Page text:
May 21, 2024

Asymptomatic Students Struggle to Get Tested on Campus (Update 1)

(Updates with comments from Chancellor Plowman and most recent COVID-19 data.)

Students Ask: When Should We Get Tested?

Some students at the University of Tennessee are confused about COVID-19 campus guidelines after being turned away by the Student Health Center because they were asymptomatic, despite close contact with COVID-positive people.

Katie Proctor, a senior nursing student at UT, said she was exposed to coronavirus, but had no symptoms. She said she had to argue with the staff at the Student Health Center to get an appointment.

“I’m angry at the University of Tennessee for inviting students back under the false pretense that they would keep us safe and provide the materials that we need to stop the spread of COVID19,” she said.

Proctor said the care she received was attentive once she was inside the clinic, but that the process to be accepted and tested was frustrating.

UT student Carmyn Gutierrez was also exposed but asymptomatic. “I explained that I didn’t have symptoms but just wanted to be safe,” she said. “[The center] said I still shouldn’t be getting tested if I’m showing no symptoms. It just really made no sense.”

For contact tracing to be effective, the Centers for Disease Control and Prevention recommends testing for anyone who was within 6 feet of an infected person for at least 15 minutes. The CDC says “testing should be considered for all close contacts of confirmed or probable COVID-19 patients.”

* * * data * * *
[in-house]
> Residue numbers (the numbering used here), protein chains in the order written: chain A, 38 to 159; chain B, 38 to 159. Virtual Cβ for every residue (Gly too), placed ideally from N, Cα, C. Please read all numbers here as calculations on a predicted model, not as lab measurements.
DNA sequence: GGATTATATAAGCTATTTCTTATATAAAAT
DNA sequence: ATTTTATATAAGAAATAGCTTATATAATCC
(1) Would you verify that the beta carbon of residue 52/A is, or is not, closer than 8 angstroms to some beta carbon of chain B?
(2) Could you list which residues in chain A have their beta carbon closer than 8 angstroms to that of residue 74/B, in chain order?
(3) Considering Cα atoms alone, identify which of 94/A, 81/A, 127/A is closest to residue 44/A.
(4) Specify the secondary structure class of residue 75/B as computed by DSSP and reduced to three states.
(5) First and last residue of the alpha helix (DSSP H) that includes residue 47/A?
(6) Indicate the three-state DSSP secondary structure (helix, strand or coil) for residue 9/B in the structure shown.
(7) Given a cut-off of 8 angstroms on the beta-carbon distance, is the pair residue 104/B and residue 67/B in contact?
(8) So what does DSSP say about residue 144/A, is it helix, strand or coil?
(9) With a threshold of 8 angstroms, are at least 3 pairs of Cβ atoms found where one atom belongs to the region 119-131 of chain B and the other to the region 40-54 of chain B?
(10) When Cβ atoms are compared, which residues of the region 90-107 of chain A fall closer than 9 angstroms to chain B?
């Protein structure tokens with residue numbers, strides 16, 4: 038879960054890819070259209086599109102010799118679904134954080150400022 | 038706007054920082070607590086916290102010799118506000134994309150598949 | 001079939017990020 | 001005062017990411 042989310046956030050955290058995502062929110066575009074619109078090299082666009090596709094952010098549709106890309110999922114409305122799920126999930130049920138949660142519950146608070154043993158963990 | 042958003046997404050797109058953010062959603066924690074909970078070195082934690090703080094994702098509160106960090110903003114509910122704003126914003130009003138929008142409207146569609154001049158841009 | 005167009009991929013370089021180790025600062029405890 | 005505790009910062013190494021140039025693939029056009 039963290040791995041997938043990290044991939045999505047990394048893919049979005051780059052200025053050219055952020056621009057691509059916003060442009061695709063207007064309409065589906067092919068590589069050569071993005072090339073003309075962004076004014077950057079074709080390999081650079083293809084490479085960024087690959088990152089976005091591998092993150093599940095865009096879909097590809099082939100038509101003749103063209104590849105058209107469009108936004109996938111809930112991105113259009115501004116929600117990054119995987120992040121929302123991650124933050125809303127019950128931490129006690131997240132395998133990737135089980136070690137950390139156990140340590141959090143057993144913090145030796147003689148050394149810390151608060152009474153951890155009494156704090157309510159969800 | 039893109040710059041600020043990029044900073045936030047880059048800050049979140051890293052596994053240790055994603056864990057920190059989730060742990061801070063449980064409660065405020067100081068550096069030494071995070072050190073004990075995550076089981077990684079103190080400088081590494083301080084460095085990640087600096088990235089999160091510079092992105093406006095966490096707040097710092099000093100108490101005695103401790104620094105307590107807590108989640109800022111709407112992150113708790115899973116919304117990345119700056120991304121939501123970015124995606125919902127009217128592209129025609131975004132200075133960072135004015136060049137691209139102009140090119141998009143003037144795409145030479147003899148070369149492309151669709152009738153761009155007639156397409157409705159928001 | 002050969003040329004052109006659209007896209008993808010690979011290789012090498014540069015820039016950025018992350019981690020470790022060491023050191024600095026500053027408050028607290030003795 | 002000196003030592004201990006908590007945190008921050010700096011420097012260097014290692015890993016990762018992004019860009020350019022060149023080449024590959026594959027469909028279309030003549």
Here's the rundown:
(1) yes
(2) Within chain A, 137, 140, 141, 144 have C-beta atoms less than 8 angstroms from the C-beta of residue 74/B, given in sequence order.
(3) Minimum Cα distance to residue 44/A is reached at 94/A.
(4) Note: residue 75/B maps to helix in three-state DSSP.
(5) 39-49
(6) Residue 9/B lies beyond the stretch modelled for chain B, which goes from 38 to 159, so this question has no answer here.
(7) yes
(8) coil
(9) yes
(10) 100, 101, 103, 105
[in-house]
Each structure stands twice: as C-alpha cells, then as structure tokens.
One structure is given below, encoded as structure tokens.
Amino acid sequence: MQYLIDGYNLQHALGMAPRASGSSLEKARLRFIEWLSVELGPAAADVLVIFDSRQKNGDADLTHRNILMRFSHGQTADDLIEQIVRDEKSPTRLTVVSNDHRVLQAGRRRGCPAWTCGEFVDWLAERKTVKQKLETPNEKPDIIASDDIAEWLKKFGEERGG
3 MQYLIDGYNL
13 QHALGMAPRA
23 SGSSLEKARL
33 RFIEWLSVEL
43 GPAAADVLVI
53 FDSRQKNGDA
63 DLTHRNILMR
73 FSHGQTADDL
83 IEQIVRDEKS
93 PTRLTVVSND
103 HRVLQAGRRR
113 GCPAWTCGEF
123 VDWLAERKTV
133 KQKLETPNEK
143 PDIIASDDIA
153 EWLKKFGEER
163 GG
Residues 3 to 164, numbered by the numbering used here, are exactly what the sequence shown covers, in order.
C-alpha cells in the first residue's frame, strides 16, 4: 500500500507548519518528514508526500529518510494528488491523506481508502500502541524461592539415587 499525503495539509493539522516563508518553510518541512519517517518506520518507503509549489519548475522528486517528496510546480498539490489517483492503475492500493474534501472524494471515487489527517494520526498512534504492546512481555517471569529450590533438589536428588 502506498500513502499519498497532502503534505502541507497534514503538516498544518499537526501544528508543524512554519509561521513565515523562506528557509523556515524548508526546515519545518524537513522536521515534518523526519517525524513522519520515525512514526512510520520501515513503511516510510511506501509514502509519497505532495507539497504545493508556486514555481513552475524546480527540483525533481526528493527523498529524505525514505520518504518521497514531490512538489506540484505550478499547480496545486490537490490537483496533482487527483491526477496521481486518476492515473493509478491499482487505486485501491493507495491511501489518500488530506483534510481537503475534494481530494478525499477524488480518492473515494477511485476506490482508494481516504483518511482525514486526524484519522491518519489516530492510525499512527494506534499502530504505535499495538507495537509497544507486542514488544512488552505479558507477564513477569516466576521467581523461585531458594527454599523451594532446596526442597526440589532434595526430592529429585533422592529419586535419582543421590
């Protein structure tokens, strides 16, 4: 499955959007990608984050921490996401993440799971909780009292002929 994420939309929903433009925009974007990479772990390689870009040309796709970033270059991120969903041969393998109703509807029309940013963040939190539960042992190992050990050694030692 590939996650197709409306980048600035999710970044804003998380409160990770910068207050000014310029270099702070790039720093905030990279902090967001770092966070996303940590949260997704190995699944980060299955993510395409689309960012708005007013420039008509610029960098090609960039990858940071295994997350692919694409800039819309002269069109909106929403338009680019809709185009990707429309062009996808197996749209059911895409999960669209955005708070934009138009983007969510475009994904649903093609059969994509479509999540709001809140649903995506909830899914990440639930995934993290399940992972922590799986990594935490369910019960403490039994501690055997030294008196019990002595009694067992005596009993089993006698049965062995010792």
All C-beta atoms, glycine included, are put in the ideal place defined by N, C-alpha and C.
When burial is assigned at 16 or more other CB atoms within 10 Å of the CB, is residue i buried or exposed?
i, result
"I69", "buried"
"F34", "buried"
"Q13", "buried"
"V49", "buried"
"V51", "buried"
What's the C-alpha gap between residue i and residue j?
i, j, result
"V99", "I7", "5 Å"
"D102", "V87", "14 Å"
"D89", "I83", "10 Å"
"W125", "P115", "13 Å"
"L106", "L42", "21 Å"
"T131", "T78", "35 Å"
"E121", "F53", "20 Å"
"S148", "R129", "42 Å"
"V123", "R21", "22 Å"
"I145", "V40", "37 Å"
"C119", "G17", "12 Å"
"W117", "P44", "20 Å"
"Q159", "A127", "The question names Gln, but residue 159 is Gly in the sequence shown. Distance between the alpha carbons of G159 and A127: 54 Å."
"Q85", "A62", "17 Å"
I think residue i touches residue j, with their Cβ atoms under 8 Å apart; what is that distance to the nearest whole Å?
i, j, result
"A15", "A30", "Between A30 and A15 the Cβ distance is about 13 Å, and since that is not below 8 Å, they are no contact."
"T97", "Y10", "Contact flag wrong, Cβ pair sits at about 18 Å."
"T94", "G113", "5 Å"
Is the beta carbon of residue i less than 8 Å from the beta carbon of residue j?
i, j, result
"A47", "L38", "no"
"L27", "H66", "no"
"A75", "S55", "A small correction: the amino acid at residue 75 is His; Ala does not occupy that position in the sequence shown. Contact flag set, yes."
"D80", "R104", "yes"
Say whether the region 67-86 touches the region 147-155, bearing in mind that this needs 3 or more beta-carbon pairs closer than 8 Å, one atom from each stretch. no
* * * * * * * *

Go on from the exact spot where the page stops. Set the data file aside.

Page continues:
Alexandra DeMarco, a UT student, tried to get tested at the Student Health Center but was declined. She instead visited an offsite clinic at the Jacob Building to receive care. “There was already a significant line…” DeMarco said. “I waited less than ten minutes, but there were already 20 to 30 people there waiting to be tested.”

Plowman Is ‘Confident’ UT Can Manage Cases, Despite Strained Resources

Today Chancellor Donde Plowman said she remains “confident” in the university’s ability to manage a rise in cases, with the caveat that “these increases cannot continue.” The sudden and steep rise will put a strain on the university’s resources, she said.

Plowman also emphasized the need for students to get tested at the university health center because it’s easier for the university to then follow up with contact tracing and isolation procedures. One the university’s biggest challenges thus far has been that many students are going off-campus to get tested, she said.

“Help us, please, get control of these numbers,” Plowman said in the public briefing.

As of Friday, the university has 369 positive cases, 1,649 people in quarantine and 126 new cases, rising 51% since Tuesday.

The university health care center did not respond to a request for comment as of publication; their website indicates that students may only visit the center with an appointment; drop-ins or walk-ins are not permitted.

To learn more about free testing, see information from the Knox County Health Department.